Nürburgring 1 (arcade) 1976
First 3D racing game (player’s view is behind and above the vehicle, looking forward along the road with the horizon in sight), first first-person racing game, first game to display real-time first-person graphics.
Monochrome game with overlay to display car
Arcade system: unique (discrete)
Color posters and magazine commercials
1) In 1971 developer Reiner Foerst took a job as director of a German wire-manufacturer called Trakus. At the time, companies had just begun to explore the use of driving simulators in research. In 1965, the American Society of Mechanical Engineers had published a report describing such a simulator that used color film footage along with realistic sounds and vibrations to reproduce the driving experience. The system, however, was not interactive. In 1966, the Human Resources Research Organization designed a similar system. With a background in simulation, Foerst decided to capitalize on this growing market by creating the best driving simulators in the business. To do so, however, he needed money and to do that, he decided to create a coin-op driving game. Examining the patents of other companies he found that Volkswagen and British Petroleum had both created simulators. The BP system, however, used a projection screen system and Volkswagen used a large oscilloscope (along with a motion system that allowed limited movement), both of which were too expensive for a game.
Frustrated, Reiner slapped together a prototype using light bulbs to create a crude display, but the resulting product didn’t work very well. When Pong exploded onto the scene in 1973, Foerst knew he'd found a better solution and by the end of the year he was at work turning his prototype into a video game (that same year, he filed or a US patent on a tic-tac-toe like game). The first version was finished in May of 1975 and placed on location in an arcade in the university town of Giessen where it did well. Encouraged by the success of the prototype, Trakus provided more funding and the first two production units were completed by March of 1976 (when they were shown at the International Exposition for Coin-Op Games in Berlin). Production began soon after at a rate of one machine per week. Dubbed Nurburgring 1 (after the famed German race track built around the mountain village and castle of Nurburg in the 1920s) it featured almost 1,500 components, including a rack stuffed to the gills with a whopping 28 circuit boards. While the visuals were sparse (consisting almost exclusively of a series of white posts along the side of a virtual road, the first-person perspective gave the game level of realism unseen in a video driving game. Adding to the immersive experience were the game’s sounds, which included the roar of the engine, air whistling by the car, crashes, and screeching tires. The engine sounds grew louder the faster you drove and more hollow when the brakes were applied. Realistic as it was, the game was also expensive, and complicated, which is why Foerst could only afford to produce one machine a week – even though he realized this would allow other coin-op games to copy his idea.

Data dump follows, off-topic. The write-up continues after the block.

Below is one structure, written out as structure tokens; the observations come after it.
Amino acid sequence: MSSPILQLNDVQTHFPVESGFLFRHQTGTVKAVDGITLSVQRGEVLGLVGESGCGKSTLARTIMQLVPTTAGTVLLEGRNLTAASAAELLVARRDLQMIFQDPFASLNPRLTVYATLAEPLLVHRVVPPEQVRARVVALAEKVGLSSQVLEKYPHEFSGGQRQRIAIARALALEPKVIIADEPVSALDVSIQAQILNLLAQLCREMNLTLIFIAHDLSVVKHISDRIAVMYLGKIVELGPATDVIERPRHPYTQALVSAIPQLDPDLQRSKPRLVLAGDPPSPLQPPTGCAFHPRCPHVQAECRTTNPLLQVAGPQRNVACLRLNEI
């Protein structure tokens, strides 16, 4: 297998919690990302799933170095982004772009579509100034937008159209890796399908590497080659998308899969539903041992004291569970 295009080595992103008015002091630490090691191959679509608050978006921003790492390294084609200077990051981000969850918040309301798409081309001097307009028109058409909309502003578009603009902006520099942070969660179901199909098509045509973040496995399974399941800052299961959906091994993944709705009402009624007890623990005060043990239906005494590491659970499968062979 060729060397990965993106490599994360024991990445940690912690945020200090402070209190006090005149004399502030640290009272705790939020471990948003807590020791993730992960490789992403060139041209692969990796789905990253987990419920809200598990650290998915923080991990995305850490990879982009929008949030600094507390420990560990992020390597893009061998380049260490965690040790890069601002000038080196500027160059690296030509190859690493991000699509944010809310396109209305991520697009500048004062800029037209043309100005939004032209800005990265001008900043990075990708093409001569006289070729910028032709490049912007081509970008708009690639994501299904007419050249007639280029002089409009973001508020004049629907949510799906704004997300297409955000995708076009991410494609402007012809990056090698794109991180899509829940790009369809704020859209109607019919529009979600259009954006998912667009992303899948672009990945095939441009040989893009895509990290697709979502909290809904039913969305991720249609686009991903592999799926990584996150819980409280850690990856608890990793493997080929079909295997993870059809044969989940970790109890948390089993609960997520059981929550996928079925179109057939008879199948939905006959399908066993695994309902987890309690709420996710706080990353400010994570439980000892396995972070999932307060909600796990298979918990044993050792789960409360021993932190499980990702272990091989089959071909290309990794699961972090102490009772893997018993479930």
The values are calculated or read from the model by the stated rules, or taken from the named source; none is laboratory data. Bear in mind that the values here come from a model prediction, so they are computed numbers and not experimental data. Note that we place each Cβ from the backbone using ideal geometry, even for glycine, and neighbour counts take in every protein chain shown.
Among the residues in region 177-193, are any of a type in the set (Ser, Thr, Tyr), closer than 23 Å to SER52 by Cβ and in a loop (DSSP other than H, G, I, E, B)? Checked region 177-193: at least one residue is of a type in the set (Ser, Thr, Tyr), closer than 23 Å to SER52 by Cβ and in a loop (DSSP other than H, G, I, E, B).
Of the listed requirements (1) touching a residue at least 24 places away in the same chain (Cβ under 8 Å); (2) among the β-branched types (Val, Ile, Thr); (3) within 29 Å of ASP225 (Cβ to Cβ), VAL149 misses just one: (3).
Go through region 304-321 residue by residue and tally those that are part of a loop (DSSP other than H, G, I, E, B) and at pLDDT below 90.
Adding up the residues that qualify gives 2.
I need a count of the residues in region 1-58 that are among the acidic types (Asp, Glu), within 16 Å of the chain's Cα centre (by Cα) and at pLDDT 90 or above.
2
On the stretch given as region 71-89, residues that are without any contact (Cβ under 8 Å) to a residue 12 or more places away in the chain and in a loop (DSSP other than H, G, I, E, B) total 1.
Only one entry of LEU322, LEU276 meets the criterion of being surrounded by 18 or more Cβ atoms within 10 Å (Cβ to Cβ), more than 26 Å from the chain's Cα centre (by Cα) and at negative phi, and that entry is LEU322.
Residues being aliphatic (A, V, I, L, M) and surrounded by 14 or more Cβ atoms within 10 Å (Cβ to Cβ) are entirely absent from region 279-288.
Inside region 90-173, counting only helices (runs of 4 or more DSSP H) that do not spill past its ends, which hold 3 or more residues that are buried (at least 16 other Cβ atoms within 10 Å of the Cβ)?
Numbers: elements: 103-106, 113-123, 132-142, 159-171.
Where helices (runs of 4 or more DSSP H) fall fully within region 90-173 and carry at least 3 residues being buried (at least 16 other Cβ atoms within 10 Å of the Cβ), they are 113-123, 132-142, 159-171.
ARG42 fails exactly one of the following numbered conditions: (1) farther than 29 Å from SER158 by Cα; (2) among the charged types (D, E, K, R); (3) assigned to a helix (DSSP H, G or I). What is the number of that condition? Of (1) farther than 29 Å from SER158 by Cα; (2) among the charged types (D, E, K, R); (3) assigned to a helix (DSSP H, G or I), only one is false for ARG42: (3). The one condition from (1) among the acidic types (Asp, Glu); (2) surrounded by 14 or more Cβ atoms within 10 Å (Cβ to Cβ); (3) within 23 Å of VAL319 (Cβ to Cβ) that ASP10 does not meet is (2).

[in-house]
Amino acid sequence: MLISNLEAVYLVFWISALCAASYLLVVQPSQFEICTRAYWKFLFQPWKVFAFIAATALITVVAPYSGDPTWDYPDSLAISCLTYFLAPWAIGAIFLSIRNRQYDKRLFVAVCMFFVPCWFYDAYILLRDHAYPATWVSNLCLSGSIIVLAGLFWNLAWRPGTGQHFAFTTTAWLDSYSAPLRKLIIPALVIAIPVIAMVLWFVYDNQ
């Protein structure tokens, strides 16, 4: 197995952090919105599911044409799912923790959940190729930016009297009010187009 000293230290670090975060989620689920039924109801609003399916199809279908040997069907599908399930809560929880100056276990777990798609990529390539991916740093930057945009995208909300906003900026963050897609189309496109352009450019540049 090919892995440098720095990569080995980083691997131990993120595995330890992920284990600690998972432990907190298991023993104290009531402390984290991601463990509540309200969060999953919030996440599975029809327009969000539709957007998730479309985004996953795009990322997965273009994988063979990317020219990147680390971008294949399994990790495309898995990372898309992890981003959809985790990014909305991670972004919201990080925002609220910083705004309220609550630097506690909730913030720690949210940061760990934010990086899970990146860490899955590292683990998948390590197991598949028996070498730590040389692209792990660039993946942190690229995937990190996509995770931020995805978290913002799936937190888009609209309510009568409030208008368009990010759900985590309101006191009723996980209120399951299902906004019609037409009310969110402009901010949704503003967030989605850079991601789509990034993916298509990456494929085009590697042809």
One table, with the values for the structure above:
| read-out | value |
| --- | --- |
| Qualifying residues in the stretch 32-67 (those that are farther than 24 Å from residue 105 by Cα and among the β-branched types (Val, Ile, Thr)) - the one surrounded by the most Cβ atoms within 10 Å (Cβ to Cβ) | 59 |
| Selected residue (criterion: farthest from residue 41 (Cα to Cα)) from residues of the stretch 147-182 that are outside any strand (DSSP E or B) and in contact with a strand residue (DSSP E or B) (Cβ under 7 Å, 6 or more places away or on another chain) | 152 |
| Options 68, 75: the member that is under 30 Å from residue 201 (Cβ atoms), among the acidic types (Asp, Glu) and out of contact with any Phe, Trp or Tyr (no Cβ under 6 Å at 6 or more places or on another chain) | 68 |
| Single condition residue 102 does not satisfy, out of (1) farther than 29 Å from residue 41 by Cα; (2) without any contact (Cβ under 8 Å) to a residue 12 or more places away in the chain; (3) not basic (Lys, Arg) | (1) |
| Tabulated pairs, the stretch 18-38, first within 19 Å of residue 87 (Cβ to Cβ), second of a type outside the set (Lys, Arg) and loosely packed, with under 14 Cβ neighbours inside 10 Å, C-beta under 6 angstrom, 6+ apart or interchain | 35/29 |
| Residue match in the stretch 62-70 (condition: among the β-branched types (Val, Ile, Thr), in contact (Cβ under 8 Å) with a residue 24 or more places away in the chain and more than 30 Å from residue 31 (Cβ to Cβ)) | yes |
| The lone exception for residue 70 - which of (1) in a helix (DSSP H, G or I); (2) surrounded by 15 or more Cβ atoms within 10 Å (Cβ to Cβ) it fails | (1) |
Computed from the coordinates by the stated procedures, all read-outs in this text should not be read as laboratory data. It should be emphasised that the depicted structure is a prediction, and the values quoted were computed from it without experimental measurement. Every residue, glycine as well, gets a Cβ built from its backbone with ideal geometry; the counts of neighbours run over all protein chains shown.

2) Due to the limitations of arcade technology at the time, the car the player is driving is not actually drawn on-screen. Instead, the car is a printed plastic insert that is laid under the screen. Also, the fact that the car is driving at night made it easier for the programmers to draw the environment with limited graphics at the time.
3) First realistic computer animation of road was in Rendering of a planned highway (1961).
4) Game later copied in USA arcades in late 1976 as Night driver.
5) The player controls a car which must be driven along a road at nighttime without crashing into the sides of the road as indicated by road side reflectors.
6) Game is not emulated.
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